The Journey: 1 (The Beginning)
The bus was old and rusty, the yellow paint long painted over and the new color heavily oxidized. A stove pipe stuck out on one side indicating there was some sort of a wood burner inside, and some of the windows were curtained with moth eaten fabric.
In another lifetime it had taken children to school and faintly on the front, above the windshield, could be seen the words “School Bus.”
Summer looked at her husband, her brow crinkling. “Tell me again why you bought this relic.”
Jeff rubbed his hands together, trying to warm them against the cold. “We could live in it.” He pointed around them where the sky was heavy gray, and close. “You’re always saying you hate winter here. We could travel.”
Summer just stared at him. It was true she dreaded the coming cold. Northern Wisconsin could get bitter, and snow might be three feet deep. But she had imagined moving to someplace warm, like San Diego, and living in an adobe house with an avocado tree growing in the yard. “How do you propose we pay for this vagabond lifestyle?”
Jeff was midlevel management at a local bank and she had a job in a shop on Main Street in their small town. They didn’t make a lot of money, nor did they have much in savings. Having two kids kept them living nearly paycheck to paycheck. Jeff just shrugged. “I thought we could travel around to art shows and sell your paintings.”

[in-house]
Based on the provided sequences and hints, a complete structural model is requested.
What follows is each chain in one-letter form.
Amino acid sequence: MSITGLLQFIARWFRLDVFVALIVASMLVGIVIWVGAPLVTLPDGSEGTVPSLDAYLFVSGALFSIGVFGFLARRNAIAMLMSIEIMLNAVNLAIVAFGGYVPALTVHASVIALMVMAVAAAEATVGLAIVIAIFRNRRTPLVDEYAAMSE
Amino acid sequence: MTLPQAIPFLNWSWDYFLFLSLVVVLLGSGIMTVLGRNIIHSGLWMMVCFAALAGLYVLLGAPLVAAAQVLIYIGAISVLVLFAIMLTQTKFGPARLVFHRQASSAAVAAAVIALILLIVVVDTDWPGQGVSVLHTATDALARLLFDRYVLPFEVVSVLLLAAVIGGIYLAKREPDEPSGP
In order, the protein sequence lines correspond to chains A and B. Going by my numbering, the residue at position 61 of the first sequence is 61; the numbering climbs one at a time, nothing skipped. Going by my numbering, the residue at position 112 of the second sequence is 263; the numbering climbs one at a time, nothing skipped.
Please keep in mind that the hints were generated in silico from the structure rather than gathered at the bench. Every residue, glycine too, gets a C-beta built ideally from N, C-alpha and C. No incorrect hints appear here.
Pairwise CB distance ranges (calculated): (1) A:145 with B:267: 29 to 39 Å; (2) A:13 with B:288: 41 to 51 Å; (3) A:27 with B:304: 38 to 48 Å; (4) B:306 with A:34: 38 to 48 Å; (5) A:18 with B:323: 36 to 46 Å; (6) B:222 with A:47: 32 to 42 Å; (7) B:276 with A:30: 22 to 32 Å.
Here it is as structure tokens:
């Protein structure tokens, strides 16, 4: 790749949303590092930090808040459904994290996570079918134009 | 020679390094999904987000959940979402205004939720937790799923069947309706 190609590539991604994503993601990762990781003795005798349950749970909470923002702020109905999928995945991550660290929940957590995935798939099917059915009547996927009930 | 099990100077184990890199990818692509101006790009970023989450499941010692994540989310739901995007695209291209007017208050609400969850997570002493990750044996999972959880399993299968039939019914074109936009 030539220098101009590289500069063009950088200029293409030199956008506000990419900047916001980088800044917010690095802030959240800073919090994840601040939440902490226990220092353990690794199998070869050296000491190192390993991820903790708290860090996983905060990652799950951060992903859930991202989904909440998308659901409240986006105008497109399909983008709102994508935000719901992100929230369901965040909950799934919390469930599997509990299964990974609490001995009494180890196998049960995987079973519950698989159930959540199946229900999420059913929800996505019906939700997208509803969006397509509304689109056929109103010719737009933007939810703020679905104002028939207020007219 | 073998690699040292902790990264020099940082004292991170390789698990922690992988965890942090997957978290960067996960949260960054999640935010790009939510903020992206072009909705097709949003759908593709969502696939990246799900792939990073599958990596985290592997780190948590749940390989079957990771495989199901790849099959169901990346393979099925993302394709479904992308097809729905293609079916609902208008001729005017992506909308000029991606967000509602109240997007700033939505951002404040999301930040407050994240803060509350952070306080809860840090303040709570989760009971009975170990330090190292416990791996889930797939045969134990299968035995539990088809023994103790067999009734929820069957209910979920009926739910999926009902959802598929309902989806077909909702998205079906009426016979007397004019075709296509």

Summer sighed. She loved to paint but there wasn’t much market for surrealistic Steampunk, Neo-Hippie canvases. Jeff was her champion and believed in her but in this case he might be a little unrealistic. “You might as well show me the inside,” she said reluctantly.
The interior was even worse. Mice and other critters had nested in the cushions and the carpentry was dubious. “Before you get all worked up,” he warned, “I have a plan.”
He was obviously really excited about the bus, and as he marched up and down the length of it, pointing out different features, something wild grew in her heart, something crazy and defiant and trusting.
“The best part,” he finally said, stopping in front of her and taking her hands, “is that if you paint the whole outside of the bus it will be a rolling advertisement for your art.”
She stepped closer and grinned up into his face. “Let’s do it,” she whispered back.